Grasmere Gingerbread – Delicious history

If you’re in the Lake District, take the A-591 toward Grasmere, a picturesque village situated by the lake of the same name.

The A-591 runs almost-but-not-quite up the middle of the Lake District. Those fortunate enough to be spending time in the northern lakes may turn off of the A-66 and head south.  If this is you, please turn on some stirring classical music or something from the Lord of the Rings movie soundtrack.  The landscape from that point on is dramatic and memorable.

Once you’re in Grasmere, your first place of pilgrimage should be the Grasmere Gingerbread shop in Church Cottage. (Their post code is LA22 9SW, if you’re navigating electronically.)

A sign on the building notes that Church Cottage was the village school for two-hundred and twenty years  – 1630 to 1850ish. It also says that famed romantic poet William Wordsworth taught there.

By 1854, Sarah Nelson lived in the cottage. She perfected a mighty recipe and set up shop to sell her unique version of gingerbread to Victorian travellers. The new railways brought a lot of people to the Lake District, many of whom would visit the graves of Wordsworth and company in the adjoining churchyard.  Thus, word of Mrs Nelson’s Grasmere Gingerbread spread throughout the land.

The shop next to the churchyard gate.

Warning!  You may have to queue (that means get in a line, for folks on the other side of the Atlantic) to get inside.  There is fair compensation for your wait – the powerful smell of ginger, butter and sugar fairly wafts out the door.

If they bottled that stuff…

Inside the teeny, tiny shop, you’ll be surrounded by many delicious things, including the gingerbread that is sold no where else but from this bijou shop.

Did I mention the amazing smell?

Hard at work, cap and pinny.

Surrounded by the wonderful aromas, sidle up to the counter and buy a piece to eat immediately and a package or two for the journey.

Perhaps buy a jar of their award-winning rum butter as a gift – for that person whose gingerbread gift you will eat because you cannot help yourself.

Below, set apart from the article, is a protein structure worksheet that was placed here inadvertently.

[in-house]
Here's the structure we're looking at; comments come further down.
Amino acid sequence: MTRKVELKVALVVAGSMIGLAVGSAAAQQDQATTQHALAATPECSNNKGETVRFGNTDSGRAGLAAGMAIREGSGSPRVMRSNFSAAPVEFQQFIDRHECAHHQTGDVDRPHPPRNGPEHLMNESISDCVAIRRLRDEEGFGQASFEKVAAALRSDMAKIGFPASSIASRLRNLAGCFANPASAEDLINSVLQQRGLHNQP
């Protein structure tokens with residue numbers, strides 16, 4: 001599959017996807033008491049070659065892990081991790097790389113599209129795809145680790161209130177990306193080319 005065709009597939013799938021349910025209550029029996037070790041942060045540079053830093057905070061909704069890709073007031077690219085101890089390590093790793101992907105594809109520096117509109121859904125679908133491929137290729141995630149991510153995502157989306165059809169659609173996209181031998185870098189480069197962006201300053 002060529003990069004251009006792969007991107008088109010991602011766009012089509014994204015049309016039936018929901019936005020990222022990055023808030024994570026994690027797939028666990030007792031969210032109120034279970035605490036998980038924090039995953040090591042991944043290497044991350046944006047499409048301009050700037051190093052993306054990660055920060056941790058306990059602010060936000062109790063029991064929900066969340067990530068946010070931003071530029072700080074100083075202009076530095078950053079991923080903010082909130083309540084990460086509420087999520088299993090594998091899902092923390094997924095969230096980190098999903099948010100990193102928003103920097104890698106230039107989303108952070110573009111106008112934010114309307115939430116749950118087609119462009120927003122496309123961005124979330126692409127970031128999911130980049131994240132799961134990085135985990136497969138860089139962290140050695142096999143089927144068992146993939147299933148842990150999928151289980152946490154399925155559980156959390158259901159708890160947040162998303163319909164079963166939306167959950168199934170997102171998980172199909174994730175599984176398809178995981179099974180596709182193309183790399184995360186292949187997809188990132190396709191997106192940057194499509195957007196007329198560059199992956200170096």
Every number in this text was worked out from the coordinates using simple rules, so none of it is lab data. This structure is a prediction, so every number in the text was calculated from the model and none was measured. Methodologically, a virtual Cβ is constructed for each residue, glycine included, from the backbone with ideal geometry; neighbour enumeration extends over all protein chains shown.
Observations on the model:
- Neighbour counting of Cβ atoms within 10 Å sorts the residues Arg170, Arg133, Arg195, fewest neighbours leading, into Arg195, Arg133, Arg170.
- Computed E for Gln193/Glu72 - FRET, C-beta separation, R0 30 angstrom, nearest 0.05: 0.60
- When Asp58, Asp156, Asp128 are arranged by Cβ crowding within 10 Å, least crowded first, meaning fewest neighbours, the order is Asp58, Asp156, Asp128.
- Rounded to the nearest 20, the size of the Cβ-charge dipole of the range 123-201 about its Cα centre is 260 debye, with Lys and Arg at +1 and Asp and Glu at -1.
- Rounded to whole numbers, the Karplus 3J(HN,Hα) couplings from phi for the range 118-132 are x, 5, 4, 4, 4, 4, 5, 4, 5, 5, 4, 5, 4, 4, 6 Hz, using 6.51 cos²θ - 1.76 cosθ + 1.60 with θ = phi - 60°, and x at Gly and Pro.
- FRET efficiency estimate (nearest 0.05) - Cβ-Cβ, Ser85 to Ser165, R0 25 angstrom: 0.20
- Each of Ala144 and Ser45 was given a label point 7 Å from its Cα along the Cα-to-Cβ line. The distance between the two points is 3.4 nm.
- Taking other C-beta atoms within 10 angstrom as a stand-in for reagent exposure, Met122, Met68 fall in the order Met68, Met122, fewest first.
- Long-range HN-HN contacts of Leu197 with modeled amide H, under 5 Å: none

Packages of six and twelve pieces are wrapped in crisp paper with their trademark blue label.  Tins are also available, and I understand that you can set yourself up with monthly deliveries. I’m tempted to purchase a bag of the ginger crumbs to sprinkle on my porridge…

Pleasantly old-fashioned packaging.

Make yourself a memory: walk around this pleasant village, eating your delicious gingerbread and not minding the inevitable gingery crumbs. Let it be a full-sensory experience.

This stack of six won’t last long!

Sarah Nelson lived until she was 88 years old, a much-loved member of her community and an early example of a successful business woman.  She is buried in the adjoining churchyard of St. Oswald’s.

Her handwritten recipe is a tightly held secret, and the method for making them is passed from baker to baker.  According to their website, only one living person knows the full recipe!  (This makes me strangely proud of them, in this current age of mass marketing.)

Grasmere Gingerbread is not like any other gingerbread, ginger cake, biscuit or parkin that I’ve eaten.

Sublimely gingery throughout, Mrs Nelson’s gingerbread flaunts a firm, yet chewy, base topped by spicy sweet crumble. There are visible pieces of preserved ginger under the addictive crumbly topping.

Deliciously moreish…

Did I consider attempting to make my own homemade version of this tempting treat? I did.  Then I decided that some things are better enjoyed within their own time and place, and that I’d take any excuse I could to visit Grasmere and The Grasmere Gingerbread Shop.

More on Grasmere Village later. For now, I’m going to polish off my last piece of Grasmere Gingerbread with a cup of tea!


Herdy Girl

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